The first guidebook was presented to First Lady Jacqueline Kennedy in July 1962. She intended that it would remind readers that “many First Families loved this house — and that each and every one left something of themselves behind in it.” As she hoped, the book remains a reference to be read at home by both children and adults to “sort out the impressions received on an often crowded visit” and to learn more about the history of the house itself. 2003 (Adult Non-Fiction) DC008023

The Capitol Ghost Mystery
Author: Michelle M. Barone
Narrator: Stephanie Briggs
A portrait of Abraham Lincoln has been stolen from the Colorado State Capitol for the second time, and Silvie Blake is on the hunt for clues during her class field trip. Silvie is soon caught in a puzzling web woven around history, ghosts and her own family. As she solves one mystery after another she finds keys that unlock her past, an unexpected friendship, and a belief in herself that will change her life forever. 2013 (Adult Fiction) DC008364

Turtle Island
Author: Patricia McFadden
Narrator: Norma Sierota
Turtle Island is an enchanting tale of friendship, bravery, and adventure, set on a continent inhabited by peaceful tribes of animals. Peaceful, that is, until Ojo Rojo, a Rat with a thirst for power, is washed ashore and begins a campaign of terror and conquest. To save her beloved homeland, Chuptik, a young Otter healer, is faced with the hardest decision any healer has to make. What will she do? 2001 For grades 5 to 8 (Fiction) DC008043

Mountain Mafia: Organized Crime in the Rockies
Authors: Betty L. Alt and Sandra K. Wells
Narrator: Don Bennallack
Mountain Mafia is a brief history of the Black Hand and Mafia in the Rocky Mountain region. It brings to life some of the more colorful leaders in the West’s organized crime operations throughout the 20th century, including Roma, Colletti, and the Smaldones. Especially examined is the famous court case of “Scotty” Spinuzzi, who was acquitted of murder “because no one saw the bullet leave the gun.” Some violence. 2008 (Adult Non-Fiction) DC008345

Tomboy Bride: A Woman’s Personal Account of Life in Mining Camps of the West
Author: Harriet Fish Backus
Narrator: Joy Jeanelle
Autobiography of a young bride joining her husband in Colorado in the early 1900s. About life in Leadville and Telluride, it is told with humor and warmth. 1969 (Adult Non-Fiction) DC000437

The Ghosts of Denver: Capitol Hill
Author: Phil Goodstein
Narrator: Nelson Grabenstetter
Denver native Phil Goodstein explores the city’s spooky side in this detailed volume that focuses on haunted houses in the Capitol Hill neighborhood. Unveils a thorough history of the area’s architecture, culture, and personalities, including those of ages past who have never left the “Queen City of the Plains.” 1996. (Adult Non-Fiction) DC007264

The Curse of the Mummy’s Tomb
Author: R.L. Stine
Narrator: Dan Mundell
Lost in an Egyptian pyramid, twelve-year-old Gave and his cousin, Sari, find that they are not alone. 1993. For grades 4 to 7. (Fiction) DC007300

Grumpy Bird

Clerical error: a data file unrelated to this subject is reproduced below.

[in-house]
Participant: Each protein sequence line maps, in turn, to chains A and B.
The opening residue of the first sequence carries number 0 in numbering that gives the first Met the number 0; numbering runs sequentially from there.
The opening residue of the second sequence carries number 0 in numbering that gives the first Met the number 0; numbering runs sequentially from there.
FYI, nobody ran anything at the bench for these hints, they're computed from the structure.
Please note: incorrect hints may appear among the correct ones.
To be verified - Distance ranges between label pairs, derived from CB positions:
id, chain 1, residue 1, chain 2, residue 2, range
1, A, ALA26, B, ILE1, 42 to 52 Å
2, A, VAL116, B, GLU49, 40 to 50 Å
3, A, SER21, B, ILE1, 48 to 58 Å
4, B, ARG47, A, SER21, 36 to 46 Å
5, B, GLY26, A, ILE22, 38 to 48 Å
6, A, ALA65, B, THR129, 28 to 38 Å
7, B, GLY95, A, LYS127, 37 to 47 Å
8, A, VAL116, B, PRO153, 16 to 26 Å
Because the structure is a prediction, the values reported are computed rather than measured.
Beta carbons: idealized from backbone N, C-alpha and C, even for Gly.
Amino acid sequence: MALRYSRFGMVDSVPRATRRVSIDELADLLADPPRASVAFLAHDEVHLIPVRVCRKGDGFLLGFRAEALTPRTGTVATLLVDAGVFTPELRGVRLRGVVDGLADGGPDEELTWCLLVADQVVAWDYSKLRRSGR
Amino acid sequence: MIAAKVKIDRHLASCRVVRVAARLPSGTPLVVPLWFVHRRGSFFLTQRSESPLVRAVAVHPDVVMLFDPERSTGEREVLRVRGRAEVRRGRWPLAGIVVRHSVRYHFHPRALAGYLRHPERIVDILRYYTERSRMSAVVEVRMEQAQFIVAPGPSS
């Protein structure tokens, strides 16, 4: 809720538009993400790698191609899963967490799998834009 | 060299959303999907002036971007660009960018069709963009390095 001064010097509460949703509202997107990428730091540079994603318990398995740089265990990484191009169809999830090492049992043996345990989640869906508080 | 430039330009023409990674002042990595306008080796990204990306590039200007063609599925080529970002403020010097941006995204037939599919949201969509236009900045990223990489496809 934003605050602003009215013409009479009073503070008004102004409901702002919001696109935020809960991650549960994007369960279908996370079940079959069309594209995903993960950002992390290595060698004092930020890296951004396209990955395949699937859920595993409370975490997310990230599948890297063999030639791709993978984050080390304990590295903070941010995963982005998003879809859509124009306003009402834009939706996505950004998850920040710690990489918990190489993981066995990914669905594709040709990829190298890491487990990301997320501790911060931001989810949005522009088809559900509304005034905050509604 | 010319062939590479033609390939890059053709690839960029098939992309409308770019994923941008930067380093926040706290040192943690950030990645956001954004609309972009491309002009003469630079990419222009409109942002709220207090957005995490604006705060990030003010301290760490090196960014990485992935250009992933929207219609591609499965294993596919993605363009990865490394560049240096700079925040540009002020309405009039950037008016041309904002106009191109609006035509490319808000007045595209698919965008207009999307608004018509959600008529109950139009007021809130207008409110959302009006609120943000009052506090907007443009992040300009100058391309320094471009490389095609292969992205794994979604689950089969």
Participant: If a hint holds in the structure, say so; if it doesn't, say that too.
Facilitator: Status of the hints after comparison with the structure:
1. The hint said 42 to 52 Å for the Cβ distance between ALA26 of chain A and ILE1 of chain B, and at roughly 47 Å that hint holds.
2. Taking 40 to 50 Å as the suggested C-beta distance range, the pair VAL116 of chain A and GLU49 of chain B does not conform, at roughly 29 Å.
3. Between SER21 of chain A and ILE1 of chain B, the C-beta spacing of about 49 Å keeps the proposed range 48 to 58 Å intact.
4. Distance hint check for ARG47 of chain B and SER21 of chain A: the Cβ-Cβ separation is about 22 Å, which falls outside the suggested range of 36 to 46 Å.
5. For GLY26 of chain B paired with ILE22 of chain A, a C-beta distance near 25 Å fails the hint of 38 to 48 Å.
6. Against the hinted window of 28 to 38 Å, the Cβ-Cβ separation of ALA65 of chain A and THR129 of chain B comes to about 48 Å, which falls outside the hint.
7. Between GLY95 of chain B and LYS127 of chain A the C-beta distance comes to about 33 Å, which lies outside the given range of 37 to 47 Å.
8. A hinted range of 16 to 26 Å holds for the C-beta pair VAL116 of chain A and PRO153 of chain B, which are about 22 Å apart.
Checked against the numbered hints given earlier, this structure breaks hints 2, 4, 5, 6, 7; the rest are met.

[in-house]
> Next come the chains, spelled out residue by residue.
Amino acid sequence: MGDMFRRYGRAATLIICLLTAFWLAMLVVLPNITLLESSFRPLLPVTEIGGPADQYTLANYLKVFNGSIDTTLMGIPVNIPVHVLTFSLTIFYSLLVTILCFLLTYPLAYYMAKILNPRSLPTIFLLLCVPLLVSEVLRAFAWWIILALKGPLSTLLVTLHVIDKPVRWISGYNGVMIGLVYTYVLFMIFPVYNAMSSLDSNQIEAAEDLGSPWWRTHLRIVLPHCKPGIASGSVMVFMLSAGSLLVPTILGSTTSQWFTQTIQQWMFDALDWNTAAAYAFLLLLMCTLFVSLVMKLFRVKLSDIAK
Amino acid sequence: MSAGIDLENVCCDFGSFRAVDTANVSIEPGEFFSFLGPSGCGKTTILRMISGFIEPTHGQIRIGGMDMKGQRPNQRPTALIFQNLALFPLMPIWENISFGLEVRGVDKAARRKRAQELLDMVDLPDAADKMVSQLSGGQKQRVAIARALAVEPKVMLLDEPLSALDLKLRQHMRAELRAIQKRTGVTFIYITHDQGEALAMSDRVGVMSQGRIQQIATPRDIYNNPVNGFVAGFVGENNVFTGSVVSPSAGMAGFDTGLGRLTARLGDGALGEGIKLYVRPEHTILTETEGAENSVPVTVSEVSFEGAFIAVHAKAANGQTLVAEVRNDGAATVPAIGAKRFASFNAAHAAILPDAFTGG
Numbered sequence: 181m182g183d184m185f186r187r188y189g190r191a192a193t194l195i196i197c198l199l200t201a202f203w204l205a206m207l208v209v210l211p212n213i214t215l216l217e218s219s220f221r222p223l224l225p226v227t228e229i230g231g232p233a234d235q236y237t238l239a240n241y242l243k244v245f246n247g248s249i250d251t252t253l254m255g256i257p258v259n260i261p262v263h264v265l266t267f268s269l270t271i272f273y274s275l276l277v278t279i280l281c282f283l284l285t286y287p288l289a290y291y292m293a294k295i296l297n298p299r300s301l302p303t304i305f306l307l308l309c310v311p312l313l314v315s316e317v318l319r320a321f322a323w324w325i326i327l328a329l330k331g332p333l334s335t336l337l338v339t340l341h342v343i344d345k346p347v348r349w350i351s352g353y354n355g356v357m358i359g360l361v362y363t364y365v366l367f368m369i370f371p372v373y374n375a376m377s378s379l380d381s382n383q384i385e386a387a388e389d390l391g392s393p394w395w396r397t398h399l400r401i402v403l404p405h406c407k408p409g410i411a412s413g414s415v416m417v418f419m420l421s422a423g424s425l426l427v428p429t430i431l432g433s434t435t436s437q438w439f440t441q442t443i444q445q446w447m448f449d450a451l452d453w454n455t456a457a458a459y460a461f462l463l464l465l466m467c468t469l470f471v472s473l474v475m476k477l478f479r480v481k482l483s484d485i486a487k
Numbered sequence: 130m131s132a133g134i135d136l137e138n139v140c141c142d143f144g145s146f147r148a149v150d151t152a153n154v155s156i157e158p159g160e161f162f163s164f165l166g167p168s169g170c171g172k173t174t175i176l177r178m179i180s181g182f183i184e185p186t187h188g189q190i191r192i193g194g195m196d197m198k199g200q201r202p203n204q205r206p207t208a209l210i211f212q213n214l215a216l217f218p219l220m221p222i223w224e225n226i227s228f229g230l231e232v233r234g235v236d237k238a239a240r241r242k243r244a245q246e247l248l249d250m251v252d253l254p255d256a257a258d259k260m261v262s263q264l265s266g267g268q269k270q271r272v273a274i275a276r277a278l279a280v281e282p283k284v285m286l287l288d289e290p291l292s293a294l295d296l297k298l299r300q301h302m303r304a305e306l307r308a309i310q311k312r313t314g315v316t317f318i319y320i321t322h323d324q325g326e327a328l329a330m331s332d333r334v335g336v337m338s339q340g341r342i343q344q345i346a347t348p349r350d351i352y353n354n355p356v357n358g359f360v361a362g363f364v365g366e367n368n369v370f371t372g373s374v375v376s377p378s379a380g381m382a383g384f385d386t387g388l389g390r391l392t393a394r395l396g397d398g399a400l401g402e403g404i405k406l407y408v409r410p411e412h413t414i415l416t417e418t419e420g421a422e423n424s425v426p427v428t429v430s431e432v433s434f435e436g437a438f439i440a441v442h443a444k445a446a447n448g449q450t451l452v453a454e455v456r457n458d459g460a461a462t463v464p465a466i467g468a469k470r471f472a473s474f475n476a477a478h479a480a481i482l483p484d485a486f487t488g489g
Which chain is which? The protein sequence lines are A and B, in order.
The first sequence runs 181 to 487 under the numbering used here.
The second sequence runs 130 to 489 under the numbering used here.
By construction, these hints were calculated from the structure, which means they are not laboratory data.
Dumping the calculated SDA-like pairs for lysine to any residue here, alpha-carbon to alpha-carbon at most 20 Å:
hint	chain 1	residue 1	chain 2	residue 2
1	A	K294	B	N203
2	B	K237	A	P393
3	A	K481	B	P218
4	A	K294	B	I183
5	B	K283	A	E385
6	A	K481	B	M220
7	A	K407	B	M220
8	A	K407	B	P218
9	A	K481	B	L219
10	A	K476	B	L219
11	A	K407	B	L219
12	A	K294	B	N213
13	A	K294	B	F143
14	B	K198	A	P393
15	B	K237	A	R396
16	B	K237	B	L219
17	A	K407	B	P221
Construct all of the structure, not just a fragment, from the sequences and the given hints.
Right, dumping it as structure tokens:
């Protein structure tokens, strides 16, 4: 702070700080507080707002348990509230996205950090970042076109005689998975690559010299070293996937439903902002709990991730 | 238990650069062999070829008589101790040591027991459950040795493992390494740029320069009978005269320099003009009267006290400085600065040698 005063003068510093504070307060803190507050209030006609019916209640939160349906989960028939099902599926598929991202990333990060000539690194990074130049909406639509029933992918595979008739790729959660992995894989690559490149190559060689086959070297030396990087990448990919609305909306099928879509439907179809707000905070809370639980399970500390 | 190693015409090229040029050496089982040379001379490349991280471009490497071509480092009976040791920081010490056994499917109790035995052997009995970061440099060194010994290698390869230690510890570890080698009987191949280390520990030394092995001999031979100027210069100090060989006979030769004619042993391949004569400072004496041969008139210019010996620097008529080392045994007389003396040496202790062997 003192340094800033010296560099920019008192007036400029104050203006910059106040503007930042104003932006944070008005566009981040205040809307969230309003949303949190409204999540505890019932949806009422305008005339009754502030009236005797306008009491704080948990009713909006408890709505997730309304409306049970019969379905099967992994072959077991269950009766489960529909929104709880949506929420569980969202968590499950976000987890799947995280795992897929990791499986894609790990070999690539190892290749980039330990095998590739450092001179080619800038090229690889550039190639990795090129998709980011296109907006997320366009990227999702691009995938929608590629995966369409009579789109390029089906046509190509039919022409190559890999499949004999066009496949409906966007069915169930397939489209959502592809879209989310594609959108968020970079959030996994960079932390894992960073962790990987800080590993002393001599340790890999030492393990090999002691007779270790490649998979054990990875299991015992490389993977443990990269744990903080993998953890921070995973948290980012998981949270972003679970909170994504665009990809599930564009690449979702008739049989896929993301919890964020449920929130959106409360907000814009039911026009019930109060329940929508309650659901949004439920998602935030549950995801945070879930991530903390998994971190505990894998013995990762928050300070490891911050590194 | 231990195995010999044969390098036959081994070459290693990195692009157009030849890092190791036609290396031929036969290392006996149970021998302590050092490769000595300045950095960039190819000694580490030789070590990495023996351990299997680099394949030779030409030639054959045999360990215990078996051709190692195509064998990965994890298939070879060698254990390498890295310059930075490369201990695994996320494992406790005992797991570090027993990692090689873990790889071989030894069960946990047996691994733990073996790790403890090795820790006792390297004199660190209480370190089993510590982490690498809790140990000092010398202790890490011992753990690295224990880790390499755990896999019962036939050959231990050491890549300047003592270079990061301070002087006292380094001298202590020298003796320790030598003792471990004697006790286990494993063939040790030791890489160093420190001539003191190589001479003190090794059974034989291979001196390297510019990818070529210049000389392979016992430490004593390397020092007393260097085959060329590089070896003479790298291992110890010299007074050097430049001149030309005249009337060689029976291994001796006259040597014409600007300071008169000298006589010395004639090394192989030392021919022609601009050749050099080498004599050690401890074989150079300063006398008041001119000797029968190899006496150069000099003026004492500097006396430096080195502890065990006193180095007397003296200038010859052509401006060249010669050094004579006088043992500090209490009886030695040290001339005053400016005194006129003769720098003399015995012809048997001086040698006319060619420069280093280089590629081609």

Author: Jeremy Tankard
Narrator: Amanda Carroll
Feeling too grumpy to fly, Bird begins to walk and finds that his mood changes as other animals join him. 2007, 2014 selection for “One Book 4 Colorado.” For preschool to grade 2. (Fiction) DC008397
Spanish Version available — El Pájaro Gruñón
Narrator: Oscar Pareja ** DC008398

The Asphalt Warrior
Author: Gary Reilly
Narrator: Donald Beckwith
Murph has two main goals in life. First, to earn no more from driving his cab than it takes to keep his bohemian lifestyle afloat. Second, never and under any circumstance get involved in the lives of his fares. He’s not very good at the first and spectacularly bad at the second. 2012 (Adult Fiction) DBC00656

The Beekeeper’s Lament: How One Man and Half a Billion Honey Bees Help Feed America
Author: Hannah Nordhaus
Narrator: Sharon Huckins
Award-winning journalist Hannah Nordhaus tells the remarkable story of John Miller, one of America’s foremost migratory beekeepers, and the myriad and mysterious epidemics threatening American honeybee populations. In luminous, razor-sharp prose, Nordhaus explores the vital role that honeybees play in American agribusiness, the maintenance of our food chain, and the very future of the nation. 2011 (Adult Non-Fiction) DBC00660

The Third Industrial Revolution: How Lateral Power is Transforming Energy, the Economy, and the World
Author: Jeremy Rifkin
Narrator: Bob Serkowski
We are undergoing a historical transformation in the way we create and disseminate energy. Together, Internet technology and the reality of renewable energy are creating a new type of electrical grid, one in which energy is stored and distributed on an individual basis. Soon, hundreds of millions of human beings will be generating their own green energy in their homes, offices and factories, and sharing it, just as they now create their own information and share it on the Internet. In just a few years, millions of buildings and even cities will become energy self-sufficient, signaling the end of our reliance on fossil fuels. 2011 (Adult Non-Fiction) DBC00658

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Contributors to The Friends of the Colorado Talking Book Library and The Colorado Talking Book Library

The list of contributors to Colorado Talking Book Library and the Friends of CTBL from July 1, 2013, through June 30, 2014, has been omitted from this format. Interested parties may access this information through the PDF version of our newsletter. Further assistance may be requested through the Reader Advisors.

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How to Reach Us:

Colorado Talking Book Library
180 Sheridan Blvd.
Denver, CO 80226
303-727-9277—metro Denver
1-800-685-2136—outside Denver
www.myctbl.org

  • Robert Hammond, Commissioner of Education
  • Eugene Hainer, State Librarian
  • Debbi MacLeod, Director, CTBL

Social Media:

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The Colorado Department of Education does not discriminate on the basis of disability, race, color, religion, sex, national origin, or age, in access to, employment in, or provision of any of CDE’s programs, benefits, or activities.

This newsletter was published with funding from the Friends of CTBL.